Tip of the Day: Buy the book, I HEART YOU, YOU HAUNT ME, if you haven’t already. Please. PLEASE! Don’t make me get on my hands and knees!! (you know I'm kidding, right? Sort-of)
I get asked ALL THE TIME by family and friends, “How’s the book doing?”
I’m not exactly sure what they mean by this, but I think they want to know, is it selling? Are you making money?
It’s always a hard question to answer, because for the most part, I don’t know how it’s doing. Sometimes I say, “It’s doing all right, I guess.” Sometimes I say, “It’s went into a third printing, so I think it’s doing fine.” But if you catch me on a bad day, I might glare at you and say, “I don’t know. I’m trying not to think about it.”
The truth is, I think about it ALL THE TIME. I don’t want to. But you’ll see, when you have a book on the shelves, I think it must be like having a kid off at college. You know you need to let the kid have his independence, but damn if you don’t want to call everyday and find out what’s going on!
I am one of those who obsessively checks Amazon rankings. Mine has pretty consistently stayed in the five digits. The lower five digits, like in the 20-30,000 area, makes me very happy. When it creeps up into the 90,000s, my heart starts racing. And when it goes over 100,000, I have to click away immediately so I don’t burst into tears.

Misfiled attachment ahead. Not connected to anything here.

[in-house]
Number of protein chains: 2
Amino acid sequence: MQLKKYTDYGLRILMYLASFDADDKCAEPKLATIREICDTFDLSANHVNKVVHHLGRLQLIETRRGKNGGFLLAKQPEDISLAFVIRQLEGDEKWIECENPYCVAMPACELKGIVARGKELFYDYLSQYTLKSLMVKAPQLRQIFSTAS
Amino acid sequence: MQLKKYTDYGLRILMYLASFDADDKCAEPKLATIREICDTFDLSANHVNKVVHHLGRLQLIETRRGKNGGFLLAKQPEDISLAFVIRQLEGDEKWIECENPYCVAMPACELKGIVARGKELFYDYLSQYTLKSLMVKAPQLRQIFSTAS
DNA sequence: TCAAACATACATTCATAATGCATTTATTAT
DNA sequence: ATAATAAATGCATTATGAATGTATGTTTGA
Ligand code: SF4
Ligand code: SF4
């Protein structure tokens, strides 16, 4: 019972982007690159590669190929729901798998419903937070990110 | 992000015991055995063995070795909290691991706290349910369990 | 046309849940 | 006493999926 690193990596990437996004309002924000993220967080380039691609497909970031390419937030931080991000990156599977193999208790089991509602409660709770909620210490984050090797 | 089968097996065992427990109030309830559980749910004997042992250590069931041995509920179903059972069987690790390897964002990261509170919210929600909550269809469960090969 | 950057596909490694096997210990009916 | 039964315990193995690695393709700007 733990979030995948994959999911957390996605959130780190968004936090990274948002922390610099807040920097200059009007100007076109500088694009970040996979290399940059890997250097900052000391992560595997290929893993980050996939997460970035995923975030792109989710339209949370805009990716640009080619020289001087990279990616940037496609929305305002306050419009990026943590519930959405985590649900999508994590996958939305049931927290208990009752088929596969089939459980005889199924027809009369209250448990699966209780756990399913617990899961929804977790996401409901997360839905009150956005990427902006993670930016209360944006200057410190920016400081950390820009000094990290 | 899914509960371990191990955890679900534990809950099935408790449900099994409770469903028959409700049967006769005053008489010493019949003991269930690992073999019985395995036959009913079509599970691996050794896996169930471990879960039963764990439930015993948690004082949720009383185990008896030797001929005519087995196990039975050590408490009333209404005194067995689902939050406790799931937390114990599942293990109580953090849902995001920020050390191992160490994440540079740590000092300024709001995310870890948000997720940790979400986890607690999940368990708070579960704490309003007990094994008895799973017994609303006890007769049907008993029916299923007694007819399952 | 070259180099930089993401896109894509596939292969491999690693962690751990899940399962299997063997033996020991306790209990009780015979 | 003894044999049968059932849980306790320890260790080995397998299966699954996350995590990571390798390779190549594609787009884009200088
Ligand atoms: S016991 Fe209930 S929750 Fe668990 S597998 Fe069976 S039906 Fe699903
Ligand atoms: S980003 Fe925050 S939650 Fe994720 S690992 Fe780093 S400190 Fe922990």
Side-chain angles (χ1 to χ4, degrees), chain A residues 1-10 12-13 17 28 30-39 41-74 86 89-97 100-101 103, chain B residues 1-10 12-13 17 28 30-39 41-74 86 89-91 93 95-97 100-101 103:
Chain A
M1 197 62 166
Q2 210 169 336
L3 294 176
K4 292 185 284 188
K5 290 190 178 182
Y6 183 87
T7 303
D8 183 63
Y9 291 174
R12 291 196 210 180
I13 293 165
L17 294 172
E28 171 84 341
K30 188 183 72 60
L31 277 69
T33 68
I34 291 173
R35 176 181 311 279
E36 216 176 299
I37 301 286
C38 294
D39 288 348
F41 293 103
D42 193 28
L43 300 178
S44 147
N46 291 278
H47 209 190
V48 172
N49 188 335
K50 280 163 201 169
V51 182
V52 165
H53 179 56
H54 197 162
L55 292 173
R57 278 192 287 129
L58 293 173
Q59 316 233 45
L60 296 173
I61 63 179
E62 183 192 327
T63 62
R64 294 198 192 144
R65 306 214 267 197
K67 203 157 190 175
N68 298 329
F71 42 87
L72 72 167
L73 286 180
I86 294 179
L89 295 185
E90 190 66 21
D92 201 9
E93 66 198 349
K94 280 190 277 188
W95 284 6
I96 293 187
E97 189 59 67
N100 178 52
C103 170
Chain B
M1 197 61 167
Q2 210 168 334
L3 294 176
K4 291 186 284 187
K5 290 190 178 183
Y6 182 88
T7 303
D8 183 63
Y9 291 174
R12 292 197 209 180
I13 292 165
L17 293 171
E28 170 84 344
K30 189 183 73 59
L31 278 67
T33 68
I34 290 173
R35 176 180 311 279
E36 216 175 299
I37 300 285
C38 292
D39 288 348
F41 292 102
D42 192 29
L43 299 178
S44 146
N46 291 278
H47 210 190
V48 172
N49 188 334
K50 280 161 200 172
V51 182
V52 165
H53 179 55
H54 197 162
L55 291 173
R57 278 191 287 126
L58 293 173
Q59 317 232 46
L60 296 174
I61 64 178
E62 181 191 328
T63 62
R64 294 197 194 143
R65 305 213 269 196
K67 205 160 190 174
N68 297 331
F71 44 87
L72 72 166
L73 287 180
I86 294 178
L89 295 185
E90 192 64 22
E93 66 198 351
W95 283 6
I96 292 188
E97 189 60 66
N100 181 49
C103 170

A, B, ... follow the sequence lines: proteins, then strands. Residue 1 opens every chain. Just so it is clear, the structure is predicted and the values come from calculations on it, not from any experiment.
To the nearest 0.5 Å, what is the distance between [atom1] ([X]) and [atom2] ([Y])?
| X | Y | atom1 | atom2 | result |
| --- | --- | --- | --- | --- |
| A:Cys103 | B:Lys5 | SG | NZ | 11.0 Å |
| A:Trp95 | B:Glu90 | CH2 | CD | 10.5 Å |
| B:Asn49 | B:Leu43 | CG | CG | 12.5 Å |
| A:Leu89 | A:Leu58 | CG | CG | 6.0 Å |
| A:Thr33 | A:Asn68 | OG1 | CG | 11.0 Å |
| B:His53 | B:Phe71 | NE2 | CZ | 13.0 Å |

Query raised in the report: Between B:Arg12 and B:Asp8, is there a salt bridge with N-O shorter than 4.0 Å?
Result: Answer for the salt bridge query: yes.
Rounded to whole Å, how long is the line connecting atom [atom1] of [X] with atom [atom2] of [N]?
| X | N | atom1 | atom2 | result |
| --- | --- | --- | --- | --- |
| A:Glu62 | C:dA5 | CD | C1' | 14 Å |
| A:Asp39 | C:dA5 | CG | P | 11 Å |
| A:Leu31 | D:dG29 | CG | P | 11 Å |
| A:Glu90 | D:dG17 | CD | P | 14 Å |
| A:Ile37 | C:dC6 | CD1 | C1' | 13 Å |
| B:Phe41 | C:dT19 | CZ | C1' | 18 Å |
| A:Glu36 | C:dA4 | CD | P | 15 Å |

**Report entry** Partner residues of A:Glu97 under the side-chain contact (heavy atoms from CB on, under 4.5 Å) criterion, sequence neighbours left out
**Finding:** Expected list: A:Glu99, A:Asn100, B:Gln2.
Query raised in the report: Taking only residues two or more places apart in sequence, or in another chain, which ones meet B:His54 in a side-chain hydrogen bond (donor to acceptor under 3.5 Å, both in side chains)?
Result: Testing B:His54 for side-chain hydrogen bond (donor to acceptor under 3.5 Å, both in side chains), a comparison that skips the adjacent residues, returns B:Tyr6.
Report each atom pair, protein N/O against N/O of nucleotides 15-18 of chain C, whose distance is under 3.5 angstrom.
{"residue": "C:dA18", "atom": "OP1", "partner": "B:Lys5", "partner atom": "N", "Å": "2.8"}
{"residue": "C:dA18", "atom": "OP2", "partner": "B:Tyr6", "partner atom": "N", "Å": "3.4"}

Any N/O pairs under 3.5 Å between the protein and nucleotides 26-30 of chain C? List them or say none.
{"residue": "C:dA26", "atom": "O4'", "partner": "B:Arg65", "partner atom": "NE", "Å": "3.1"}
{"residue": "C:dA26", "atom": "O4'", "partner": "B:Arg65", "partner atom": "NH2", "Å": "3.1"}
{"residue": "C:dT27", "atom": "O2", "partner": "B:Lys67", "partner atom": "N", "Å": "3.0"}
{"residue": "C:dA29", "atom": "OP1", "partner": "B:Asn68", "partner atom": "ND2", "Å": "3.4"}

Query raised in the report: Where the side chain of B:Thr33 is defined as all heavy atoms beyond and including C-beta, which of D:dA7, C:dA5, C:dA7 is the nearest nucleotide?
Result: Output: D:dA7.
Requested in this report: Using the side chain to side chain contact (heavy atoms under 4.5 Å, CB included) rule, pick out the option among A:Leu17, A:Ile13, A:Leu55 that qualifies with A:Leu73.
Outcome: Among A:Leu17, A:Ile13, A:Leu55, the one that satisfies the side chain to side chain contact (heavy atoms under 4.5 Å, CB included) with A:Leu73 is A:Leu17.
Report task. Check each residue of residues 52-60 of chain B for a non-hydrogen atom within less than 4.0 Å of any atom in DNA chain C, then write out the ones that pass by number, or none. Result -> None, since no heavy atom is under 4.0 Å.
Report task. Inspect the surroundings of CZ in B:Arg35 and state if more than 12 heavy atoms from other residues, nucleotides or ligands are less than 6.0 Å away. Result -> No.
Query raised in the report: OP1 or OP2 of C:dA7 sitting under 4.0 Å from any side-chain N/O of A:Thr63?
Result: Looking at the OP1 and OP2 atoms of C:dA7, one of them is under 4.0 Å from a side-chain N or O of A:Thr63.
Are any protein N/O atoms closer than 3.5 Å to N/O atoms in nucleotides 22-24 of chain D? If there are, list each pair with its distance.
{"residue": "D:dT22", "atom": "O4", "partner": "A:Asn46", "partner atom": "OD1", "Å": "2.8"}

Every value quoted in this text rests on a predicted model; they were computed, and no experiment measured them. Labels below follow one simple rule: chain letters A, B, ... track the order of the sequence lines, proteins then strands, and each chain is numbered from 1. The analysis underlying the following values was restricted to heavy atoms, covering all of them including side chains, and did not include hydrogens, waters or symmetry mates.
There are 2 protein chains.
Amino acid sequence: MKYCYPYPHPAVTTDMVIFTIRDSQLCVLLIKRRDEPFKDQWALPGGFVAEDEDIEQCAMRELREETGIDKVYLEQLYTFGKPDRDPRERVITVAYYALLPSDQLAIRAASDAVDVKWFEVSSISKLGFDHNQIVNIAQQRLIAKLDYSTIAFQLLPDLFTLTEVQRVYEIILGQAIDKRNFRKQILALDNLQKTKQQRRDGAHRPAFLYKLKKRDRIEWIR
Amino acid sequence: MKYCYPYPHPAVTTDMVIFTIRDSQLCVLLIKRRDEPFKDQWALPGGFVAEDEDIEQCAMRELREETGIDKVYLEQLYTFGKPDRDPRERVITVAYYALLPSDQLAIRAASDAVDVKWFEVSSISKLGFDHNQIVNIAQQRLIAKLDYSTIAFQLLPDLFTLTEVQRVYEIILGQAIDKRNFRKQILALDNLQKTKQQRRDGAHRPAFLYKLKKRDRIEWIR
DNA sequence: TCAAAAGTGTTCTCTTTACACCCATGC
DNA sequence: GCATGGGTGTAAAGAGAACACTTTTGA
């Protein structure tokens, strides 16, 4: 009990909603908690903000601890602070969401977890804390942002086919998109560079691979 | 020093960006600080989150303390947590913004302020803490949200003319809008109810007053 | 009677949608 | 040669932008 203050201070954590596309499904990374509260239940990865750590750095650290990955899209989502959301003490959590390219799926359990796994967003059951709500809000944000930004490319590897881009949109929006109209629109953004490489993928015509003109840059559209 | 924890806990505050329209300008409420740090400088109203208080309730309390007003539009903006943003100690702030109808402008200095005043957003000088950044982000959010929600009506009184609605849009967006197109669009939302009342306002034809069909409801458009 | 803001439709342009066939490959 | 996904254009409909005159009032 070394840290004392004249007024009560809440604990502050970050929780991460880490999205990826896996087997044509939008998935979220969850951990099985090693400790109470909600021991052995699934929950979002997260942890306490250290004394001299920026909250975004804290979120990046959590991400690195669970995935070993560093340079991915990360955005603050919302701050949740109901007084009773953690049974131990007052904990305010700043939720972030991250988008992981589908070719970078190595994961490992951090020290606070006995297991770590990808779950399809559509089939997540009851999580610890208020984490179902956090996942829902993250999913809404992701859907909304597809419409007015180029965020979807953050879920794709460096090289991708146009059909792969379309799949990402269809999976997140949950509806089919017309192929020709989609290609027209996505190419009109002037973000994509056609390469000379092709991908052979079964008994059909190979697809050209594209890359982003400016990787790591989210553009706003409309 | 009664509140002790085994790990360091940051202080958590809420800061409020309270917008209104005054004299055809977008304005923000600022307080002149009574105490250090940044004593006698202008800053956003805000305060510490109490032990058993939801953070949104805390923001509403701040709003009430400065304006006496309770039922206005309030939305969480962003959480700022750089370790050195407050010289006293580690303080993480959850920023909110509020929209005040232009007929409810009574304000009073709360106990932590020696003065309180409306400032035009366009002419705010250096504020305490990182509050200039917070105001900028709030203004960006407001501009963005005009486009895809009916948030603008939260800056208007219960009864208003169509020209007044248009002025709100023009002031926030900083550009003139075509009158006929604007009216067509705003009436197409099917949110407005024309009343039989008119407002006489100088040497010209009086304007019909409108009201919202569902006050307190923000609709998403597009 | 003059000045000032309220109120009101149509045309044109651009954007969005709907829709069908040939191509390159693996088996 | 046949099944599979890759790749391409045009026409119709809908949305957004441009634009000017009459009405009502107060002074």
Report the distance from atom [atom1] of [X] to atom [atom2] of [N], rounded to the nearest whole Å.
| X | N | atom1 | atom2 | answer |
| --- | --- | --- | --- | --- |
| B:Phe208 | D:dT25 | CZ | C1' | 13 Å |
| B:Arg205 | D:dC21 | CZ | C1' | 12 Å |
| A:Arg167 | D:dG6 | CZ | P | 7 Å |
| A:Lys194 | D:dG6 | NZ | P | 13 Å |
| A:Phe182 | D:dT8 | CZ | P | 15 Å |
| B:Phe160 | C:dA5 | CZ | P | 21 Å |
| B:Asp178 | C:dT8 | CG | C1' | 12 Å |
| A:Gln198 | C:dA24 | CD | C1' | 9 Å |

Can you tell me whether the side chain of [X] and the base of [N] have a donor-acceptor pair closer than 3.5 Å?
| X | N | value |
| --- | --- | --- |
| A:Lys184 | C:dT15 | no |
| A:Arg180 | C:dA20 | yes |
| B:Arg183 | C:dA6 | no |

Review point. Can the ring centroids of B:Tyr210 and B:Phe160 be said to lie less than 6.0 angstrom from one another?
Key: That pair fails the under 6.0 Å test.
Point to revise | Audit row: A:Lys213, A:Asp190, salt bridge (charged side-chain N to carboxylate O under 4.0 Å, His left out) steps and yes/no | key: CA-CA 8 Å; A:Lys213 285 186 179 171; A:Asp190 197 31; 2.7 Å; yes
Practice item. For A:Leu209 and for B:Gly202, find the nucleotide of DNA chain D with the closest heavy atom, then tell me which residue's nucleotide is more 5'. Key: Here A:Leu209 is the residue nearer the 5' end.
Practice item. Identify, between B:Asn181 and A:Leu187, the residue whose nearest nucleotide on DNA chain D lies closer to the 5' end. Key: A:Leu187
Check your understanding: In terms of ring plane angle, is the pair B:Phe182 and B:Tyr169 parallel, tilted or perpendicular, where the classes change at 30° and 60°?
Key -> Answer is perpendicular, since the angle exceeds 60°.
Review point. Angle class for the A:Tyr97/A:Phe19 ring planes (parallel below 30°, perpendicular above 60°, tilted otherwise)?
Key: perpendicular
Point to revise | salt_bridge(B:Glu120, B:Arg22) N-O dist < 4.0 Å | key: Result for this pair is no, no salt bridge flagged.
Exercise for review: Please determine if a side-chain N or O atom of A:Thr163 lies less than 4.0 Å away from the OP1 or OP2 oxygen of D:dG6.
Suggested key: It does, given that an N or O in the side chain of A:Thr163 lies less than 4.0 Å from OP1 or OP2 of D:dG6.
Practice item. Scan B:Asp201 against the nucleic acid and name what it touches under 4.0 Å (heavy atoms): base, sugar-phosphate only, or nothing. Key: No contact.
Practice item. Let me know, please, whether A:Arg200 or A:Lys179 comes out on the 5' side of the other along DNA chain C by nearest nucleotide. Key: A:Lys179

My book has now been out for six months. I think I feel like more copies should be selling, not less. I start to panic and wonder what, if anything, I can do to get word out about the book. Should I send a copy to every talk show host? Every teen magazine in circulation? Should I blanket the city with book signings, even if I would rather hang by my ankles above a big pile of dog poo than sit at a table trying to look happy as NO ONE walks up to the table?
They say the best thing you can do as a debut novelist is to write the next book. I’ve done that. I hope it helps to get my name out there. I’m working on a third novel now. But I’m finding it incredibly hard this time around to shut off all the noise and just write.
Because here’s the thing. The truth I’ve only recently realized. I don’t just want to be a published author. I want to be a successful published author. There’s a difference, you know? A big difference.
Of course, then I have to figure out what success means to me. So I ask you – how would you define success for yourself? Is getting a book published success enough?
~Lisa, Miss Pinch Me I’m Pubbed